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Animal Communication

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The act of giving out and receiving information is called communication. A dog’s bark may be either a sign of warning or welcome; the meow of a cat may indicate hunger or loneliness. A pet owner can tell animals something by means of spoken or visual signs that the animal has learned to recognize. Some animals, particularly chimpanzees, have been taught to communicate with people through such devices as sign language and symbols. The three primary purposes of animal communication are to make identification, give location, and influence behavior.

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The most important communications occur between members of the same species. A worker honey bee may find a source of food. To tell other bees in the hive in what direction and how far the food is, the honeybee initiates a specific dance pattern . Ants leave an odor trail that the other ants can follow from the nest to a food source. The actions that animals take to give information are called signals or displays.

There are five types of signals or displays: sound or vibration, visual, chemical, touching, and electric.

Often, the most effective way for an animal to give information is by a sound display. Sound spreads rapidly, and other animals in the vicinity can readily tell from what direction it comes. The most common sounds are vocalizations made by vertebrates (animals with segmented spinal columns), such as birds, reptiles, and mammals. A small bird may vocalize a sound of fear in the presence of a predator such as a hawk or a cat, thus warning other small birds in the area to flee.

There are also nonvocal sounds. Some insects rub one body part against another, an act called stridulation. Beavers and gorillas, though they can vocalize, also use vibration sounds. To warn others of danger, beavers slap their tails on the water surface and gorillas beat their chests. Visual communication can be conducted through the use of such badges as a patch of bright color or a set of horns. These badges give some indication of the communicator’s identity, such as its species, sex, and age.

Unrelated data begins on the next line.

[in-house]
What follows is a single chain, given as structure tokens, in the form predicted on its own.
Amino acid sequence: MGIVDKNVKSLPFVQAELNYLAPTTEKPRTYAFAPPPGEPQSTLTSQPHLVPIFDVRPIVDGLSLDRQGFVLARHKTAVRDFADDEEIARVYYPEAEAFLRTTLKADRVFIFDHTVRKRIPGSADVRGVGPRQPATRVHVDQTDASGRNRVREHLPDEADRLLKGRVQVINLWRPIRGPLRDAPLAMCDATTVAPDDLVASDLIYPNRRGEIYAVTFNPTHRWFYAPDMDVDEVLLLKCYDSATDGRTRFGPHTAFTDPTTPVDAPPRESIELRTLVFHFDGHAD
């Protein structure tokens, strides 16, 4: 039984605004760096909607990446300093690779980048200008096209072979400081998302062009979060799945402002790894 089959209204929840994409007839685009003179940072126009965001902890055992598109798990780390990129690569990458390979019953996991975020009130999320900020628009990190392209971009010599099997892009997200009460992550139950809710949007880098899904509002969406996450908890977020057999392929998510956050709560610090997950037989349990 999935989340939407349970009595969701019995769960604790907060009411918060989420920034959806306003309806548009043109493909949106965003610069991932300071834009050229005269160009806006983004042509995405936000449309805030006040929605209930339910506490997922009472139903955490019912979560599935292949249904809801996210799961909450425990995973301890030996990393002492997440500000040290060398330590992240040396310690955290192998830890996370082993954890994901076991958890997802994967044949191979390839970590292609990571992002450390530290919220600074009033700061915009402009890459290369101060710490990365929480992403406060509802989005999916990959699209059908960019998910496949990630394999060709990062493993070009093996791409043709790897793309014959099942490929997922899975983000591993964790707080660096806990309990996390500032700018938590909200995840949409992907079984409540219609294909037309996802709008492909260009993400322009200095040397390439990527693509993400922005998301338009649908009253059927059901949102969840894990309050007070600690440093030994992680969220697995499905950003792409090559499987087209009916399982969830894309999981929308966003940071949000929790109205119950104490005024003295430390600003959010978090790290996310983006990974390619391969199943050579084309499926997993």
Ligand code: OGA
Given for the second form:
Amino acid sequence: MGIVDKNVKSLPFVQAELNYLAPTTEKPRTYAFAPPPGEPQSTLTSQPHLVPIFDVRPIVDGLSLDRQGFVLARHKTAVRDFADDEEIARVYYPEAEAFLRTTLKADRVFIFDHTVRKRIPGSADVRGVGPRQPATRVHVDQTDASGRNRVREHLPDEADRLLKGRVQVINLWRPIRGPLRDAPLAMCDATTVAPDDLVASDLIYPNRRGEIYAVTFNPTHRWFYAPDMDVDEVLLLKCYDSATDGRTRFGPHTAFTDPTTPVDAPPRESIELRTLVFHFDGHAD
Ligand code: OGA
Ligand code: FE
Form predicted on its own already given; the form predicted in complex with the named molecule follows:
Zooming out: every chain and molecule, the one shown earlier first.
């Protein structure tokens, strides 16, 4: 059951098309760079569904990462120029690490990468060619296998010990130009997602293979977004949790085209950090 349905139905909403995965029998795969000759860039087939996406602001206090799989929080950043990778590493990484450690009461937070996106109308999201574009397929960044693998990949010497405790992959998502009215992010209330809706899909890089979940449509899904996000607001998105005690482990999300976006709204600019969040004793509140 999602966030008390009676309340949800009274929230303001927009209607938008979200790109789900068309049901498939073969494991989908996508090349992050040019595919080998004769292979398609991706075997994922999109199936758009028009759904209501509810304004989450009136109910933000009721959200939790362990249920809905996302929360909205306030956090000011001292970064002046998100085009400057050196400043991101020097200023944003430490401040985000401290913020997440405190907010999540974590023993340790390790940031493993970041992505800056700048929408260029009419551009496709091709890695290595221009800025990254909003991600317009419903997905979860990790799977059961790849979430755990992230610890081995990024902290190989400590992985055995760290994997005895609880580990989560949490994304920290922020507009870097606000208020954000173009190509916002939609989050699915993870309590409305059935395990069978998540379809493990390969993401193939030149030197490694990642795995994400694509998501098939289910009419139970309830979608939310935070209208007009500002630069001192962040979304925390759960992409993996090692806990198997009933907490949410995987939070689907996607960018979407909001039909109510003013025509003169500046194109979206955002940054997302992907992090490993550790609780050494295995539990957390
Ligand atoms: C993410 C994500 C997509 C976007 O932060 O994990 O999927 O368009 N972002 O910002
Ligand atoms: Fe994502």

Some species set aside a display arena or build a structure that is itself intended as a form of communication, such as the elaborate bower like nest of the bower bird. Other visible signs include special dung heaps left by rabbits and the scars left on tree trunks by bears, both of which are used to mark territory. Such visual signals as the fluttering of a bird or the dance of a honeybee have the important advantage of pinpointing where the display originates. A major disadvantage is that such signals can be easily blocked from sight by, say, vegetation.

Many mammals, fishes, and insects secrete chemicals called pheromones to communicate with others of their species or to issue warnings. Some of these chemicals are distasteful or injurious to other animals. Many animals, for example moths, release pheromones into the air as sexual attractants. Ants secrete them to lay food trails or to warn the ant colony of danger. The disadvantage of pheromones is the rapid fading of the odor, making them an inadequate means of communication in situations that may change rapidly.

Pheromone effectiveness is also considerably decreased in wind and rain. Some species of animals, especially birds and mammals, use touching patterns to convey information. Birds and monkeys often engage in mutual grooming that seems to communicate acceptance. Wolves, dogs, and other canines have mock fights to establish and reestablish dominance and rank in a pack. A few species of fishes can emit electrical discharge patterns as part of a sensory system intended to gather information about surroundings and to fend off predators.

Similarly, bats, dolphins, and porpoises have a sonar scanning system to enable them to perceive the environment without necessarily seeing it. Displays intended to convey or influence behavior are frequently more ambiguous or tentative in their nature than other kinds of signals. The snarling of a dog may indicate intention to attack or simply fear on the dog’s part. A male spider, intending to mate with its partner, will strum on her web rather than face the danger of moving into the web too rapidly. Some animals, even of the same species, may signal the desire to escape or to attack.

Cite this Animal Communication

Animal Communication. (2017, Mar 22). Retrieved from https://graduateway.com/animal-communication-3/

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